Council legal advisor gets cutMar 15th, 2011 | By Michelle Provencher | Category: news
At the Plaquemines Parish Council’s most recent six-hour-long meeting, one item led to a heated debate and a narrow vote: the decision to terminate the council’s legal advisor, Robert Barnett’s contract.
The vote was called after more than 40 minutes of discussion, and the resolution to end Barnett’s contract was passed, 5-4, with Council members PV Griffin, District 1, Kirk Lepine, District 3, Burghart Turner, District 6, and Marla Cooper, District 9, opposing.
Council Chairman Dr. Stuart Guey, District 4, introduced the legislation to part ways with Barnett months ago, and the item has been deferred from a vote at every prior meeting this year.
Turner said his opposition was drawn from the timing, as there are various litigations the council is currently embroiled in.
“The timing of this is very bad, being that we have pending legislation on the table as we speak, today, that Mr. Barnett is handling for us,” said Turner. “It is important that he be able to, at a minimum, complete those tasks.”
“I don’t think we should be sitting here without some kind of legal representation,” Cooper said in agreement.
Lepine followed suit with the District 6 and District 9 council members, and inquired about Barnett’s compensation; he said he has not been paid for his services since August 2010.
Grant Administrator for the parish, Benny Puckett, said he could not address the unpaid invoices; Puckett was answering on behalf of the administration as Parish President Billy Nungesser had left the council meeting by this point.
“I find this very disheartening that we have someone under contract with us; we’re not paying them, so we walk away saying, ‘you fire him, and we’ll pay him,’” said Turner. “That’s bad business. You get rid of him and we give him the money we already owe him. This is shameful. We should not be operating like this.”
Barnett said he has not been paid due to challenges made by the administration about his invoices, specifically, the subject of his conversations with council members.
“There’s absolutely nothing wrong with my invoices,” said Barnett. “I will not disclose what I talked about. I will not do that. That is a violation of my ethics… I work for the council, not for the administration.”
Cooper’s qualm was with the procedure, she said.
“We are his client, we appropriate money to pay his fees,” said Cooper. “Does the president have the authority to step over our own ordinance to screen or approve what our attorney does?”
Stephen Braud, the parish attorney, maintained that Nungesser asked for more clarification on the invoices – not that he entirely refused to pay – and had made several requests to Barnett’s law firm, Guste, Barnett, Schlesinger, Henderson and Alpaugh, to get further information.
“I have a commitment from Mr. Nungesser that these bills will be paid,” said Guey. “I will personally work to see that happen.”
Audrey Savant, a resident of the parish and administrative assistant to District 6, addressed the council and asked why Barnett was being fired. However, there was no verbal response from any of the nine council members.
Barnett was originally contracted about two years ago to defend the parish council in the lawsuit brought against them by the charter commission.
Guey said the council is granted the right to hire outside legal counsel for special incidents, but in the case of Barnett, it has “morphed into a general council attorney, of which there is no authorization in the parish charter.”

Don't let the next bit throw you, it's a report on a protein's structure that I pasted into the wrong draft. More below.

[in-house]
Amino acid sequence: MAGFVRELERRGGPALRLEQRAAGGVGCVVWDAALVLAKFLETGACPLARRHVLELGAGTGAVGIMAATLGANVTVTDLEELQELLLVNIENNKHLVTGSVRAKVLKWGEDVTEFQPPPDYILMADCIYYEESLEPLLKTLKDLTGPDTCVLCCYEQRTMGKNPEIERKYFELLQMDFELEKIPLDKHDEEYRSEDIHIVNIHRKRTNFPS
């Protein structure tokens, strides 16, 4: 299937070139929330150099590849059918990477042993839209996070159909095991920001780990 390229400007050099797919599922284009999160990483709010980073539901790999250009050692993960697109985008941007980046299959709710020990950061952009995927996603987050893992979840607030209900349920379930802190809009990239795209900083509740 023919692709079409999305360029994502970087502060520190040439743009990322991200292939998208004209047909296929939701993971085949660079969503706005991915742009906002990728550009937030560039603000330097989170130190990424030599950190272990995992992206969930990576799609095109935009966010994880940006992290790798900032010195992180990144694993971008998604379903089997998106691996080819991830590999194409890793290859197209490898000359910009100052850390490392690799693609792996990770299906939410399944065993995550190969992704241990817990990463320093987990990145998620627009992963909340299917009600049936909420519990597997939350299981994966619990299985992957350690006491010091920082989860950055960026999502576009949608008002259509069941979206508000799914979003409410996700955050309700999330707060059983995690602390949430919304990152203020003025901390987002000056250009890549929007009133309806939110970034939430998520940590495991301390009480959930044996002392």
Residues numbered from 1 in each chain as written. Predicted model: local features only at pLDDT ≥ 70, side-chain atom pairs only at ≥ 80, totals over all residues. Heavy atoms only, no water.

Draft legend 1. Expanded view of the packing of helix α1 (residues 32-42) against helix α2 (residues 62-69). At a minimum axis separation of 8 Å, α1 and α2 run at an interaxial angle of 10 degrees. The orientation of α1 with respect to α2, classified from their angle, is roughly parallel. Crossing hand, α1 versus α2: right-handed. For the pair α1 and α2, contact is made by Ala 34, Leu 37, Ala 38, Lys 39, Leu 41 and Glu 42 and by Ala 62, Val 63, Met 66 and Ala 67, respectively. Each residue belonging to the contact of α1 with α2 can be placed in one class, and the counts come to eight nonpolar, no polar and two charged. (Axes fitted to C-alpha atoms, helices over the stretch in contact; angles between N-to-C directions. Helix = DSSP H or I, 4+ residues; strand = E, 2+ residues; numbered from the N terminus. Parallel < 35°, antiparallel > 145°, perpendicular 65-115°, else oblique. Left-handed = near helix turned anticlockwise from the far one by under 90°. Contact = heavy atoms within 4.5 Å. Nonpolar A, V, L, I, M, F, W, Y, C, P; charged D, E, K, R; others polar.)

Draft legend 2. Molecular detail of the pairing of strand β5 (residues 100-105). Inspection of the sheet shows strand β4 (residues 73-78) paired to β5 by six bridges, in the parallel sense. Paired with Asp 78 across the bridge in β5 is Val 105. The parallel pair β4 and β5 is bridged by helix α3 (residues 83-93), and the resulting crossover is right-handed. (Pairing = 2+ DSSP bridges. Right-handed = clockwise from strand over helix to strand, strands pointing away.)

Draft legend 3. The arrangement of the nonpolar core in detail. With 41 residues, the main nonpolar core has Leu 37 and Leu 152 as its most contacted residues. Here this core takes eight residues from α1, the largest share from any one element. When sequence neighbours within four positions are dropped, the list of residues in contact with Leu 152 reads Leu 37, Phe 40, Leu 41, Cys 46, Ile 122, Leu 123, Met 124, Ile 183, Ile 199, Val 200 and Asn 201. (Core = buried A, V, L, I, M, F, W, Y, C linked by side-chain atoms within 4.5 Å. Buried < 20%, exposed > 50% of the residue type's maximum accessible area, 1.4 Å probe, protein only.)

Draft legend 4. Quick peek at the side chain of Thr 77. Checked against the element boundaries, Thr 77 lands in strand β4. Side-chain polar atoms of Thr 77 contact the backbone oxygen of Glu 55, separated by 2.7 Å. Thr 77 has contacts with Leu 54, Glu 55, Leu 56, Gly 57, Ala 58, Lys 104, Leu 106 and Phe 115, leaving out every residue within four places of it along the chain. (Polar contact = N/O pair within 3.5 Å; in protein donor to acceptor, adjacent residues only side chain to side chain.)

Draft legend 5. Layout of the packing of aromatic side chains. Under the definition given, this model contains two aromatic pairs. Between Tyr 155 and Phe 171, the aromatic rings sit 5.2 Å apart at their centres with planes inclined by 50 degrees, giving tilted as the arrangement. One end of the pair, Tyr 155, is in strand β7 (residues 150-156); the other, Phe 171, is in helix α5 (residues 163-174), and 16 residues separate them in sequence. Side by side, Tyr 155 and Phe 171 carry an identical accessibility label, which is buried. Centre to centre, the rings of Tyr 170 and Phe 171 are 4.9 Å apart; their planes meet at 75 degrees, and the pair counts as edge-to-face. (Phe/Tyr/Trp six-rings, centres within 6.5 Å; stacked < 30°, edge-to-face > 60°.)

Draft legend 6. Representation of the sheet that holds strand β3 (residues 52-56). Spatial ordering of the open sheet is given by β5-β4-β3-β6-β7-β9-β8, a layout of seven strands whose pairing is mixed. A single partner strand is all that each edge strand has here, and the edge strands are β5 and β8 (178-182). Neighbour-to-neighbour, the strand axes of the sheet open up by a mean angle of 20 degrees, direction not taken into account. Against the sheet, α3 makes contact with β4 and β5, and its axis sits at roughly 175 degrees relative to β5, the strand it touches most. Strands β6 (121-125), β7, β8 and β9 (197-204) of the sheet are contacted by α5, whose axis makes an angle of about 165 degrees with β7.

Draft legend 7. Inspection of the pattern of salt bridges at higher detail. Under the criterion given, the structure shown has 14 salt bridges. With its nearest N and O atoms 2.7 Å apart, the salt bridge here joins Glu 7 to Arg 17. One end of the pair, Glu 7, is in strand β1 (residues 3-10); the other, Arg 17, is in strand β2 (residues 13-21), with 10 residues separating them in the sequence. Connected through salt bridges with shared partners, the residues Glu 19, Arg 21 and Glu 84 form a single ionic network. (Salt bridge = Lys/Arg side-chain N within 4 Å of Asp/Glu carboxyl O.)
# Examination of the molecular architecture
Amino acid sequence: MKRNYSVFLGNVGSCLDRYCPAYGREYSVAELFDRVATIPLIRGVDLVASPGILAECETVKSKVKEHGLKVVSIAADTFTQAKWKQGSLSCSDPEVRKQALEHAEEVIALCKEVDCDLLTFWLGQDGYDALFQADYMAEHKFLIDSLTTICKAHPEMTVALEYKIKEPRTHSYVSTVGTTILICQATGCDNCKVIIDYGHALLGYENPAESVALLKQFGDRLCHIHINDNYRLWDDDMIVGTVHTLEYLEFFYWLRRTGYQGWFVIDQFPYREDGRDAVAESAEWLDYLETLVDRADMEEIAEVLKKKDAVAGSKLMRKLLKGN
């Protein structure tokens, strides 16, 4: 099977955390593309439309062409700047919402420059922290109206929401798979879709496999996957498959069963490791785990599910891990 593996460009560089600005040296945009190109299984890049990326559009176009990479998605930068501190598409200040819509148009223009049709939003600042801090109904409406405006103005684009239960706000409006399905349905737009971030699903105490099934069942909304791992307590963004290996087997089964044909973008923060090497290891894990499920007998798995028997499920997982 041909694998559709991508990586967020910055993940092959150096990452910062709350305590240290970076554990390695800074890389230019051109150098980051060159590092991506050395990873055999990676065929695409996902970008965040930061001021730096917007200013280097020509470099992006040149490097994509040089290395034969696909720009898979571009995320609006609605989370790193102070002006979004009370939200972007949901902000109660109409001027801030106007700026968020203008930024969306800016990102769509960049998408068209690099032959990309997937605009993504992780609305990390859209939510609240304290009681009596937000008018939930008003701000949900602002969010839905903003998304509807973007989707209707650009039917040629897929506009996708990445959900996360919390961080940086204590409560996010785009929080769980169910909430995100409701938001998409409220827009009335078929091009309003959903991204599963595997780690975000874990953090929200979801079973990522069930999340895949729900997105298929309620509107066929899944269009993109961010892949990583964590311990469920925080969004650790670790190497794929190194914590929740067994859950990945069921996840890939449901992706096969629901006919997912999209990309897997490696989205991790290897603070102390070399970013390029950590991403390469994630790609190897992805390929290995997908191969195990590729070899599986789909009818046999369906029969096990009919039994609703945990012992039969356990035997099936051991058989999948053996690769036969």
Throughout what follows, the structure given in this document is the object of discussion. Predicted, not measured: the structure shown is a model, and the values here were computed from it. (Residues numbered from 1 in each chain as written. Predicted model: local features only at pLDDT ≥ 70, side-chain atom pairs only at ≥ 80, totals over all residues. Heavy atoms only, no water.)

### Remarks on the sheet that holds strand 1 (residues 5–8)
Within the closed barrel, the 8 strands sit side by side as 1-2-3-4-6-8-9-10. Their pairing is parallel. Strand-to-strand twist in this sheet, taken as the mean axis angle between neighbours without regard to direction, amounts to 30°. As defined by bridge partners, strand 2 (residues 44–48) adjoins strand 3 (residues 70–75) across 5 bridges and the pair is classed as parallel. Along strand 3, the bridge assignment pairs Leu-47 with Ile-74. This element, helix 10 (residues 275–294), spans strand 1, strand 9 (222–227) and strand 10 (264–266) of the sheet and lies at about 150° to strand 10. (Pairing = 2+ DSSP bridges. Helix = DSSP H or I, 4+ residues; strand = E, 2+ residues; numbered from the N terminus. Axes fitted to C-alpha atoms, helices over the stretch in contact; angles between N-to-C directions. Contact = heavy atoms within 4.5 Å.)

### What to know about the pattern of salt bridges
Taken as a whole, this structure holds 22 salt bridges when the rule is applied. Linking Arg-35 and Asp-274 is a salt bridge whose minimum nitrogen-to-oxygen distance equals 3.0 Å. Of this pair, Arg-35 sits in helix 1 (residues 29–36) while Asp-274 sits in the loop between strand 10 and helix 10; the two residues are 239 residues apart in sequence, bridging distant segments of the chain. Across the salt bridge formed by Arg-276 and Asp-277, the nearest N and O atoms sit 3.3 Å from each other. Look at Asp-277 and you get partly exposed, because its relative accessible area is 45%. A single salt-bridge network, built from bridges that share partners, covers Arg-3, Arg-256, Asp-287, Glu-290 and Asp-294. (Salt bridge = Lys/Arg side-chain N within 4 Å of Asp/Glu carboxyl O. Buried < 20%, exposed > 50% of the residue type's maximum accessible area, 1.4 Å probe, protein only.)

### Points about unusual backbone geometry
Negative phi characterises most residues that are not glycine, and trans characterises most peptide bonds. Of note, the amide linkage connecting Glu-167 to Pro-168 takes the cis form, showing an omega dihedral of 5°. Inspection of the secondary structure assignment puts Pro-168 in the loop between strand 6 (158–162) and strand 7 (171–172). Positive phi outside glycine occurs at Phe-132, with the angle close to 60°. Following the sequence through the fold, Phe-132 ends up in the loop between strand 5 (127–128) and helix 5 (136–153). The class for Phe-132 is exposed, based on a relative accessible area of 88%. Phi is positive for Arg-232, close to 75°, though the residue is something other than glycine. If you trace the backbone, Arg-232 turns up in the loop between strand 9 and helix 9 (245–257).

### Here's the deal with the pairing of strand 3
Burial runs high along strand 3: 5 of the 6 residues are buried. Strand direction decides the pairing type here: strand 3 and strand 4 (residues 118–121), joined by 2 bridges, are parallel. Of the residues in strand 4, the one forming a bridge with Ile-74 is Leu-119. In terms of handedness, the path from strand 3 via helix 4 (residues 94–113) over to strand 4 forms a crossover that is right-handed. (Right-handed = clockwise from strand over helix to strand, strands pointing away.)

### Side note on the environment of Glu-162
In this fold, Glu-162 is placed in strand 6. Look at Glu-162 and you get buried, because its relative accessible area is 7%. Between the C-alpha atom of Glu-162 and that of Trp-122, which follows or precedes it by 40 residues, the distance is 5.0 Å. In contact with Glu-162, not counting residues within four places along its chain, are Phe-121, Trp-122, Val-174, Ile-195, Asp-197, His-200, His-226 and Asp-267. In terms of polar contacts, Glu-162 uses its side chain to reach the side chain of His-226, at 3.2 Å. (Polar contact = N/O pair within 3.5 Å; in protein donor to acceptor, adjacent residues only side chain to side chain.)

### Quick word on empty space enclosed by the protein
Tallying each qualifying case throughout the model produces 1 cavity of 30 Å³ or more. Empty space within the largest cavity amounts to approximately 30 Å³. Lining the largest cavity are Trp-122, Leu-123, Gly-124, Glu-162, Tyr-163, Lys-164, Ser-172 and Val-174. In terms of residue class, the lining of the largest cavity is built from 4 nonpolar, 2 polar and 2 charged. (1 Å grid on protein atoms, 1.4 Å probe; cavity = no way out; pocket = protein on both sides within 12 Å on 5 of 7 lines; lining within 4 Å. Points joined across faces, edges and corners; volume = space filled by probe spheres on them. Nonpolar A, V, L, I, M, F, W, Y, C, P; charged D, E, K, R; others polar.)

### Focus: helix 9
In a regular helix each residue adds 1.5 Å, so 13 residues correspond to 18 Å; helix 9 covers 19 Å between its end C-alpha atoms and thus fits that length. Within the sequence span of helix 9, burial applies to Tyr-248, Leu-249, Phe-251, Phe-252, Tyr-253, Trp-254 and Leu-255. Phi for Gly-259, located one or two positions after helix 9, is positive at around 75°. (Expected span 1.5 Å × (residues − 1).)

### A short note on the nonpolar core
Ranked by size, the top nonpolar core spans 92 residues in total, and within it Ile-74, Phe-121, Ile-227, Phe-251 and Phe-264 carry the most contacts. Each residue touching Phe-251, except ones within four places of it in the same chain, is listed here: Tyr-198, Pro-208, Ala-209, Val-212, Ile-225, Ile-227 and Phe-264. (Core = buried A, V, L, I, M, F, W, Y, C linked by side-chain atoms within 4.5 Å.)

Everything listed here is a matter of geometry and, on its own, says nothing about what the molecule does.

While Guey’s interpretation of the charter allows for one parish attorney for the administration and council to mutually call upon, Cooper said earlier on in the meeting that she will not be dependent on Braud.
“I’m not going to rely on the administration’s attorneys,” she said. “They lean toward the administration.”
Former Plaquemines Parish President Benny Rousselle stepped up to the podium to comment on the matter.
“You cannot serve two masters,” said Rousselle. “I hate to see you hang yourself out here to dry with no legal advice.”
Once the vote was taken and the resolution was approved, Barnett announced his worry for their pending legal cases.
“You’re putting me in a bind where I can’t represent you any longer,” said Barnett.
In response, the chairman called a 10-minute recess.
Throughout the duration of the council meeting, held March 10, a number of other issues of contention were brought to the forefront.
Councilman Griffin moved forward with an ordinance to rebuild the courthouse in the parish seat at Point-a-la-Hache. Despite having vocal support from several of the council members, the legislation failed, 4-5, with Griffin, Turner, Cooper and Councilman Byron Marinovich, District 8, in favor.
Marinovich pointed to the three parish-wide votes conducted that were in favor of rebuilding the courthouse in Point-a-la-Hache.
“I don’t know if this has to be done eight out of ten times,” said Marinovich. “This has been done at nauseam.”
The original courthouse was damaged by a man-made fire in 2002, then suffered a hard hit by Hurricanes Katrina in 2005.
Court cases and council meetings have since been operating out of a trailer on F. Edward Hebert Boulevard in Belle Chasse.
“The hurricanes did not hit Belle Chasse, but that does not mean the Emerald City is not immune from getting hit,” continued Marinovich. “Nobody should be rewarded for dragging their feet on this.”
Audience members argued that the courthouse should remain in Point-a-la-Hache to reduce the risk of transporting prisoners from the jail, located on the Eastbank, to the courthouse.
Guey and Councilman Keith Hinkley, District 2, said fiscal responsibility was the reason to hold off on paying to rebuild the courthouse.